The BusConnects plan doesn't really deal with these issues - it wasn't in its remit. But unless these issues are addressed, even a radical redesign of the bus routes won't work.
The Luas is popular because in most places it is given exclusive space to travel. Where it doesn't have exclusive access, it is given priority. You buy or validate tickets before you board, and the Luas also has lots of doors that make boarding quick, so less time is spent at stops. Trams are easier for people with disabilities or buggies. Luas stops have pleasant shelters, and are further apart than bus stops typically are, making the whole journey much quicker and more predictable.
We can deal with some of these problems easily by introducing longer, bendy buses, using less but better serviced stops, safe areas to interchange, and by creating bus lanes where the buses don't have to compete with private taxis and bikes.
There is still a problem with the BusConnects plan, however. It is not as radical as it makes out. It has taken a familiarly narrow view of what the city centre consists of.
In the past, Dublin city centre was an approximately 600m-wide rectangle going from St Stephen's Green to Parnell Square. The bus service was built around this.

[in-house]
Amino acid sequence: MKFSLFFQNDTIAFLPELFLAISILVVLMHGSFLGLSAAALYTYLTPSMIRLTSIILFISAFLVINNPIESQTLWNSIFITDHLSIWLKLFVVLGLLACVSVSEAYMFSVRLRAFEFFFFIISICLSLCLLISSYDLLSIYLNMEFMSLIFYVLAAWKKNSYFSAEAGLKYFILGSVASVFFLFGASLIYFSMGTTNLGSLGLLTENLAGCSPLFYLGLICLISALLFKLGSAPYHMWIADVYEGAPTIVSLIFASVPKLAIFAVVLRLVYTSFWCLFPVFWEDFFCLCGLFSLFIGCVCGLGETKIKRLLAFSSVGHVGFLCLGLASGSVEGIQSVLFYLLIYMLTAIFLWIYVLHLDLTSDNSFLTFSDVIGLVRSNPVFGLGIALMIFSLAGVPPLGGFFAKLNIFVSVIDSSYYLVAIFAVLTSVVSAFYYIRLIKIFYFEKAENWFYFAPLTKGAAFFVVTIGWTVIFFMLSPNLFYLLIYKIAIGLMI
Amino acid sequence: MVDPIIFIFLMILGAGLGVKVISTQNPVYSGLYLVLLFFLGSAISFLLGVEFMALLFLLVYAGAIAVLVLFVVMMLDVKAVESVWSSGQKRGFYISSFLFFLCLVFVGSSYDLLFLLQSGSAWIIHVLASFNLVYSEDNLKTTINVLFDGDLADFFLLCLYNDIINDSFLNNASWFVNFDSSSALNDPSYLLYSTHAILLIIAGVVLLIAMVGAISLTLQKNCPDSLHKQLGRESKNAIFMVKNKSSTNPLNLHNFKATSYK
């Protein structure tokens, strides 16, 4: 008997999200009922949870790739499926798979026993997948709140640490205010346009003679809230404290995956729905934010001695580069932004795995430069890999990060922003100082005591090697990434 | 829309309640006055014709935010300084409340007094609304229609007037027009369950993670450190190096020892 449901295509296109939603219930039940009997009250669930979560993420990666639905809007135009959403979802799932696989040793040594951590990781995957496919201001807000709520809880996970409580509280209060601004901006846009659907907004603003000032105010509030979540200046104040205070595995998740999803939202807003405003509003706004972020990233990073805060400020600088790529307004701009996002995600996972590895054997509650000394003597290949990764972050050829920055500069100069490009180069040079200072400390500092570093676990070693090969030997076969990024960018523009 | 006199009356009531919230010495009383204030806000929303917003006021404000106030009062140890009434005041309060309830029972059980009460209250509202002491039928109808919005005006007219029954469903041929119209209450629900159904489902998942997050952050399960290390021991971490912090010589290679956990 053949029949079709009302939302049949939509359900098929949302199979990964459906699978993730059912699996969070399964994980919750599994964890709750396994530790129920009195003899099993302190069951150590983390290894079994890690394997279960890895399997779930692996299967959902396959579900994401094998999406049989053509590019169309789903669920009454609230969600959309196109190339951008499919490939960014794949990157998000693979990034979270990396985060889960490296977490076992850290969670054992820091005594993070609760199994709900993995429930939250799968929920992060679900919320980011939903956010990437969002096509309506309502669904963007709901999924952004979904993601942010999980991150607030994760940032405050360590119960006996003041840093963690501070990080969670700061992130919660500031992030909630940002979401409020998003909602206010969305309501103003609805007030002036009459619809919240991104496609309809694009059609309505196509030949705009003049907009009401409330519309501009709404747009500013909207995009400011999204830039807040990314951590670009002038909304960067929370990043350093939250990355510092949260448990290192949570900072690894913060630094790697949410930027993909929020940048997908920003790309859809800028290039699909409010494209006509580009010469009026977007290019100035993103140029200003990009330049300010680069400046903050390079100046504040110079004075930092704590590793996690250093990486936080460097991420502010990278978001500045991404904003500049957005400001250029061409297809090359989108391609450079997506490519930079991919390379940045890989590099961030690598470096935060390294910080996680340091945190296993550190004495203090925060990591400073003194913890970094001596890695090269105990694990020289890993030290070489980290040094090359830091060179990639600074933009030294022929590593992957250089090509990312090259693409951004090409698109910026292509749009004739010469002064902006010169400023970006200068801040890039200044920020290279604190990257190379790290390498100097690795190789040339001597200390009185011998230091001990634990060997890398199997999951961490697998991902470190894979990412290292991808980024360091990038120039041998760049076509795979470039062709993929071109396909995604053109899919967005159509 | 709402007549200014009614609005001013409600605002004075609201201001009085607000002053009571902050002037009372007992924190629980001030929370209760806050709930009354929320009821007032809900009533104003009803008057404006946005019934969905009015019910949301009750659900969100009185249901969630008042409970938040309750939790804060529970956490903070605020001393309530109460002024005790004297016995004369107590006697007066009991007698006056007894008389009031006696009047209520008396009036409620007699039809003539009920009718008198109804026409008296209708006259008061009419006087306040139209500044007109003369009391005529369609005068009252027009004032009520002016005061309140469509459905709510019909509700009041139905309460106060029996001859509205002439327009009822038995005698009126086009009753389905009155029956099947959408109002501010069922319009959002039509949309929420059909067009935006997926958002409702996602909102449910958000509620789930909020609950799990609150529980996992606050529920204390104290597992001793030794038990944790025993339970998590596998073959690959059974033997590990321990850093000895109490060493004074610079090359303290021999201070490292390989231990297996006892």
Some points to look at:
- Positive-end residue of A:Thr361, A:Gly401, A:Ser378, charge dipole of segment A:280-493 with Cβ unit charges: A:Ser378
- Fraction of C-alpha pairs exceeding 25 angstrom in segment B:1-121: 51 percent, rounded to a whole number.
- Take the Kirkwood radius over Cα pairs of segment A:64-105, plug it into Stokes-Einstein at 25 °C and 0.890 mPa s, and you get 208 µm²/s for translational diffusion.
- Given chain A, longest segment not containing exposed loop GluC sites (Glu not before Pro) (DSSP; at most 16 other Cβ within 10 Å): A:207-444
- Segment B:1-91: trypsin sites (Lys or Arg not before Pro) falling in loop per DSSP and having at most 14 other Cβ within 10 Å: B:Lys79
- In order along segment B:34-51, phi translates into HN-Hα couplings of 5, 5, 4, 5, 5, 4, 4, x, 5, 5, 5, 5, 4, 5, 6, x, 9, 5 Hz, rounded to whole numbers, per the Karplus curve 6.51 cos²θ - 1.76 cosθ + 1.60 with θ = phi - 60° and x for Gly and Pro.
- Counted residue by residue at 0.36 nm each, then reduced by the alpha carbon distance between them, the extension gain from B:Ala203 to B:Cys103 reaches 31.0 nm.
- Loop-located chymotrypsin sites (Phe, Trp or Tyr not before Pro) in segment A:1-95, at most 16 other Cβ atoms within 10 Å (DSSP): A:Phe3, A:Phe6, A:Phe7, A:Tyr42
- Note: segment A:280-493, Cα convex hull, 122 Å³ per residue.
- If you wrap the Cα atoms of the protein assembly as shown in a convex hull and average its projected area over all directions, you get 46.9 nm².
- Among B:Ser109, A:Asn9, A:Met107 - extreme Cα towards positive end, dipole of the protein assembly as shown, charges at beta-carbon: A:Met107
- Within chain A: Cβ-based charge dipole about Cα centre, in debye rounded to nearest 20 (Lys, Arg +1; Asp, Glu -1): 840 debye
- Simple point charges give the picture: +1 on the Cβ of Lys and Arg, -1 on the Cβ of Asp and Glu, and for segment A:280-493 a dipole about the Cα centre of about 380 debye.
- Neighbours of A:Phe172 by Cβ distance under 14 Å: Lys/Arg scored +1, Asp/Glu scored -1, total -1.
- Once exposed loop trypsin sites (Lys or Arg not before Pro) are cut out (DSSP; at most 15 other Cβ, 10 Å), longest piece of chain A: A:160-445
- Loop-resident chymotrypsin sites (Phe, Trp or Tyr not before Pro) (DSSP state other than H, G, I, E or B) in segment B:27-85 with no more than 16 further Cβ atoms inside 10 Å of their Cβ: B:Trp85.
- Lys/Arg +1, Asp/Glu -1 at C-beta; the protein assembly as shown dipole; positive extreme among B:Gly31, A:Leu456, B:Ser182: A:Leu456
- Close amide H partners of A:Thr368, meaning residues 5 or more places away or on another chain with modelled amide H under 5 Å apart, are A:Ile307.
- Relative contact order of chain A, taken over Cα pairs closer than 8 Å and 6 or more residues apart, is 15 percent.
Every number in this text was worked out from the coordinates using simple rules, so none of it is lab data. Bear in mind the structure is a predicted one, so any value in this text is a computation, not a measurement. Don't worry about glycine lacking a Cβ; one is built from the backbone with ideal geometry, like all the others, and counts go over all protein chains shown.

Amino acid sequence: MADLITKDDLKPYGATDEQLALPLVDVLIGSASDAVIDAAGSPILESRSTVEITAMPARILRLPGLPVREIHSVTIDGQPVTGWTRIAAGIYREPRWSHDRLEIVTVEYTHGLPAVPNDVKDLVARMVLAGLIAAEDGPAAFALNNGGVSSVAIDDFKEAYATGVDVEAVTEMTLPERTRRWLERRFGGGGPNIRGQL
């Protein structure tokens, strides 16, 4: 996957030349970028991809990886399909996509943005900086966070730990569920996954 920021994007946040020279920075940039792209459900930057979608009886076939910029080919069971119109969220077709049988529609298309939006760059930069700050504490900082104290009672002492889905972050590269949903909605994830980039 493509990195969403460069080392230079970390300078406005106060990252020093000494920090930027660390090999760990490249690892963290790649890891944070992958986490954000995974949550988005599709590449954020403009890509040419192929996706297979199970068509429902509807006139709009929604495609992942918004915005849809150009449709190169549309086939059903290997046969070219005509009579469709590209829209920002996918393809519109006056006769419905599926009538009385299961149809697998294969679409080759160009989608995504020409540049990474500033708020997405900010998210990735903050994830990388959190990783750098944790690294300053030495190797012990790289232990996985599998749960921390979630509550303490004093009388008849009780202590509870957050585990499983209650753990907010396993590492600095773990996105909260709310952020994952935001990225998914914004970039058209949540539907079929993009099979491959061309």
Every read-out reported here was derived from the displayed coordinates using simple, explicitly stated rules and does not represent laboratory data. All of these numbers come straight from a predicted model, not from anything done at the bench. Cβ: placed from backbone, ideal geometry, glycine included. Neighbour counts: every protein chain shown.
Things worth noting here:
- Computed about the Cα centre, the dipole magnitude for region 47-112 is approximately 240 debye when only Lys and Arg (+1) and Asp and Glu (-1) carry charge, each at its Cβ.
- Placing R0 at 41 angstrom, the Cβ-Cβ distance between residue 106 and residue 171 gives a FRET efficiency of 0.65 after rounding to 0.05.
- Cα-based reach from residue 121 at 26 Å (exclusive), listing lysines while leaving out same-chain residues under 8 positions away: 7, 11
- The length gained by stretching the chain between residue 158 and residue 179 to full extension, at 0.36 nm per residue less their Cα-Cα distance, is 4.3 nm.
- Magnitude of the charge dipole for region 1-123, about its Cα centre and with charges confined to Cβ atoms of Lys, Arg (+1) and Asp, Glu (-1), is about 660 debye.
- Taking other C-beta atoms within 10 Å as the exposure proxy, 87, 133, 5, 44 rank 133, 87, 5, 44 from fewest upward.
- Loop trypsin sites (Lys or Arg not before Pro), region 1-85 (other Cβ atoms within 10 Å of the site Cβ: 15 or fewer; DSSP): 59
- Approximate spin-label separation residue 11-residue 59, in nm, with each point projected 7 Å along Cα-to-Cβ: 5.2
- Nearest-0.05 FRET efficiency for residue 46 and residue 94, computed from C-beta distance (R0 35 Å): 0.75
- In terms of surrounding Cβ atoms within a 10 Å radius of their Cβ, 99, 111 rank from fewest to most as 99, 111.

But that's no longer the case. Like other cities, Dublin is developing several urban centres. To the east of the traditional city centre, Dublin now has a central business district on the south and north docklands. As well as housing lots of businesses, there are also thousands of apartments, with shops, bars, theatres, and restaurants to serve them. West of the old core centre, areas such as The Liberties and Stoneybatter have become urban centres that people from outside will go to work, study, eat, shop and play.
But you wouldn't know that from the BusConnects plan. Despite one frequent orbital route, it keeps almost everyone going through this narrowly defined city centre. It is understandable. If you asked most people where they wanted their bus to go, they would point to somewhere within 500m of O'Connell Bridge.
Even though fewer bus routes will go through the city centre, it seems we're still asking a hundred buses an hour to go through a couple of corridors. Especially if they're slow to pick up and drop off passengers, it may not alleviate the problem of bus congestion in that zone.
Though the plan assumes that a better bus system will induce demand for buses, BusConnects doesn't make the same assumption for the design of the city. Shops, bars and restaurants tend to converge and thrive around transport hubs, creating new urban centres.
Unless a new bus system uses the docklands and the bridges around them to make the whole city work for the bus system, the bus system won't work for the city.
Dr Eoin O'Malley is the Director of MSc in Public Policy at the School of Law and Government, Dublin City University